Location
    Queensland Australia
    Posts
    47
    I’m new to the forum from a membership perspective and will likely have a host of questions regarding a new to me 1796 HCTS (if I can’t find answers elsewhere on this wonderfully informative forum - I’m still reading through it).

    The sword has been sadly damaged in shipping after I purchased it (but that’s for another thread that I’ll post separately), my first priority is to seek some advice on conserving/stabilising the leather grip that is very perished and crumbling before I make any attempt to have the sword repaired so that it doesn’t further deteriorate during the repair - which is yet to be determined, or even during the consultation process prior to repair.

    I have been advised to soften or treat it with a variety of products, including Ballistol and more promisingly with Renaissance wax, both of which I have. But before i do anything and noting that the leather is crumbling - probably from rot - rather than just incredibly dry, is the reconditioning option the most suitable considering that this may hinder a more “solid” approach such as varnishing which I have heard some museums will do?

    Has anyone else here has faced a similar problem with stabilising a perished and potentially rotting leather grip and how successful or detrimental has your approach been? I’m keen to learn from others success........and mistakes.......before preceding and potentially making it worse in the long run. Or is there a known and accepted method of dealing with such a problem with other historic items with a leather element to them such as this?

    I have also had it suggested to paint it with hide glue, however I experimented with that on a few test pieces of cloth, cardboard and new leather (not having any other old rotting leather to hand) and found that, although durable, it dried with a sheen to it that doesn’t look particularly sympathetic to the historic integrity of the sword.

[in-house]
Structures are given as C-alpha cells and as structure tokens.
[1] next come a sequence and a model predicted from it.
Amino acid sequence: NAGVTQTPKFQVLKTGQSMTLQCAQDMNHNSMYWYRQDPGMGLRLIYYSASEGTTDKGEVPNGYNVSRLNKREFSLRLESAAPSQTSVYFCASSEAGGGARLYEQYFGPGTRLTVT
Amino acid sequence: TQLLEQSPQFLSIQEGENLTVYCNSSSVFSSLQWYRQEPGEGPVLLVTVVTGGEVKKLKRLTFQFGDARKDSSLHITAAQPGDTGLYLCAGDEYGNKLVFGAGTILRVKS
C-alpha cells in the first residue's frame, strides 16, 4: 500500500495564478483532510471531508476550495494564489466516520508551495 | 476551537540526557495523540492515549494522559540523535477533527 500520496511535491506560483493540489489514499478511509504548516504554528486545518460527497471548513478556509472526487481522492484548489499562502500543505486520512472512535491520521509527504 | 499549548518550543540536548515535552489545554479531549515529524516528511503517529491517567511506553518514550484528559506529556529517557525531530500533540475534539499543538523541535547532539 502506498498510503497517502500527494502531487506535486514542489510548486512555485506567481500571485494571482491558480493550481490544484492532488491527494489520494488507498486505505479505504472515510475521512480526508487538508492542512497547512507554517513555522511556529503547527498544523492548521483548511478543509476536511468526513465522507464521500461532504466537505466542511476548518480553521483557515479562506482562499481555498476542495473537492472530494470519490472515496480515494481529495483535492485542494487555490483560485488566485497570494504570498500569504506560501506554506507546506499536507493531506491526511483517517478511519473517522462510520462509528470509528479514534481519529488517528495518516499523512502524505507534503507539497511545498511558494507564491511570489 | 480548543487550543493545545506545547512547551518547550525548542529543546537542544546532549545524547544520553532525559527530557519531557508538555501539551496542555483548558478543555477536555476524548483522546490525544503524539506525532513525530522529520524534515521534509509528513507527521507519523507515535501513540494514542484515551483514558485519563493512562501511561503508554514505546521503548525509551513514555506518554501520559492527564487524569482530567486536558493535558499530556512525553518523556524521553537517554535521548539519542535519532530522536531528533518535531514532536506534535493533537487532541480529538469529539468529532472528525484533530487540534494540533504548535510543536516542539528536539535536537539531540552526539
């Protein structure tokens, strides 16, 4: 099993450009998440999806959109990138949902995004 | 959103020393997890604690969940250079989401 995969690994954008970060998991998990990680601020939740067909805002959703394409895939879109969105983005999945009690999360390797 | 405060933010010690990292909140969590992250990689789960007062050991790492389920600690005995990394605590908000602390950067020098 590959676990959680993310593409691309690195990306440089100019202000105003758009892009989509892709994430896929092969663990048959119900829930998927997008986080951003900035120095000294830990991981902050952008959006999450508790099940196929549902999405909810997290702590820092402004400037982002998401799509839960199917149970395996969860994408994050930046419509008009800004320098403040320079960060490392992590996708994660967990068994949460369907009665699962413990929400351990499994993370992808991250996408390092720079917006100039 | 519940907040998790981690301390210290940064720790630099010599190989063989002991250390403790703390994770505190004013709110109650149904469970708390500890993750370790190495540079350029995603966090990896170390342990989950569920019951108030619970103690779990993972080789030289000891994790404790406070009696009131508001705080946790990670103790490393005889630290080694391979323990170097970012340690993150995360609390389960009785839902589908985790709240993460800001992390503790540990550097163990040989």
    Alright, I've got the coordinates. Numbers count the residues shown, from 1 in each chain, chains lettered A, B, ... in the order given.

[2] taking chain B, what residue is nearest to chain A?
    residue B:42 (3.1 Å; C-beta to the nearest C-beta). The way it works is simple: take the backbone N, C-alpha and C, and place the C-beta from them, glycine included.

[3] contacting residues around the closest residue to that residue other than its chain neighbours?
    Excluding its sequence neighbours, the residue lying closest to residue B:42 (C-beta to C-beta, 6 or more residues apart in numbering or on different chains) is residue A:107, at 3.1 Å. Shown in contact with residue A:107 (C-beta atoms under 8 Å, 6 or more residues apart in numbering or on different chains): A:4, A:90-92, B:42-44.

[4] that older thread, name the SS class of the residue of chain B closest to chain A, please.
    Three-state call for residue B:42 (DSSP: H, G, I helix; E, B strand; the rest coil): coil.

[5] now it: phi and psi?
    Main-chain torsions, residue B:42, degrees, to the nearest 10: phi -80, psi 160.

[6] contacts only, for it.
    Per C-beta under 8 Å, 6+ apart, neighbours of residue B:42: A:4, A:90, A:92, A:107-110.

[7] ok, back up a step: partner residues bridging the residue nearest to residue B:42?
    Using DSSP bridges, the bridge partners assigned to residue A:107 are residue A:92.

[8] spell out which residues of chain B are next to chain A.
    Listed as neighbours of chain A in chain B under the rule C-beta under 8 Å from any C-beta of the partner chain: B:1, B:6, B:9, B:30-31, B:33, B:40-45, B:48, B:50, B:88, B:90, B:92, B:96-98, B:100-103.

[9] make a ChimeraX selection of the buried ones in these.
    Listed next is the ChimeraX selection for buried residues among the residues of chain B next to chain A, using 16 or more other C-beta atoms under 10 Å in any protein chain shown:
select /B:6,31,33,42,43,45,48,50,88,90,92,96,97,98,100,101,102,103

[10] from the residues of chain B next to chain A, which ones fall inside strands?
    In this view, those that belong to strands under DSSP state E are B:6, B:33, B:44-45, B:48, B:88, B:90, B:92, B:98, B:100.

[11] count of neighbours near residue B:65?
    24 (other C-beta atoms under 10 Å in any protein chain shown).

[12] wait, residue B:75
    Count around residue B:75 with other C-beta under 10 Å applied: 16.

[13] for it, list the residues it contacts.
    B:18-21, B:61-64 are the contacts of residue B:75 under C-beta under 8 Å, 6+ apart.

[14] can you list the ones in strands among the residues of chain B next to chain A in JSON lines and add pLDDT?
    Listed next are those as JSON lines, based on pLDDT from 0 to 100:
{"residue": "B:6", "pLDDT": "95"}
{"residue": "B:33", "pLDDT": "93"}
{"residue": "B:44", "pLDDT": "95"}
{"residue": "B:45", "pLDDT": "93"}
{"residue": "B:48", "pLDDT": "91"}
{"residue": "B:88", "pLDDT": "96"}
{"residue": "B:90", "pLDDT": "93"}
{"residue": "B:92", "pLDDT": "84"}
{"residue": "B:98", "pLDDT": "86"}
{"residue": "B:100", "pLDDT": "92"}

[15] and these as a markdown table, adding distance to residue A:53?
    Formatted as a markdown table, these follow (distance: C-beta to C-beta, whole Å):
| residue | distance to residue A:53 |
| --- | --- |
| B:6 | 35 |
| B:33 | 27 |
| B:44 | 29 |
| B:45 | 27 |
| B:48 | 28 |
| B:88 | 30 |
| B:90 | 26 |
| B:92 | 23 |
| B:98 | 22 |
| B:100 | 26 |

These photos below are of the grip pre shipment to me and best show the perished state of it, albeit not in a very large format. The grip itself hasn’t fared too badly in the shipping and other damage, which was done mostly to the disc guard and knuckle guard:

    [IMG]grip by Greg Larkin, on Flickr[/IMG]

    [IMG]$_59a by Greg Larkin, on Flickr[/IMG]
    Last edited by Larks G; 12-07-2018 at 04:42 PM.

  6. #81
    Join Date
    Oct 2007
    Location
    Kingston area, Ontario Canada
    Posts
    3,406
    Greg the grip is worth conserving. Put nothing on it that softens leather or it will come off with handling. There are modern materials that stabilize antique portrait frames etc.
    I have used Paraloid B-72, a thermoplastic resin effectively and it hardens hard and clear and can be painted/dyed etc. Just brush it on as a liquid and it will soak in. Repeat depending on amount required. The grip should just soak it in and not require anything further unless you would like the grip all black and shoe dye will work well..

  7. #82
    Join Date
    Nov 2018
    Location
    Queensland Australia
    Posts
    47
    Quote Originally Posted by Will Mathieson View Post
    Greg the grip is worth conserving. Put nothing on it that softens leather or it will come off with handling. There are modern materials that stabilize antique portrait frames etc.
    I have used Paraloid B-72, a thermoplastic resin effectively and it hardens hard and clear and can be painted/dyed etc. Just brush it on as a liquid and it will soak in. Repeat depending on amount required. The grip should just soak it in and not require anything further unless you would like the grip all black and shoe dye will work well..
    Thank you Will, that’s just the sort of advice that I’m after and I really do appreciate that. It’s not a product that I’ve heard of before so I’ll be interested to learn more and can see an evening with Google ahead of me.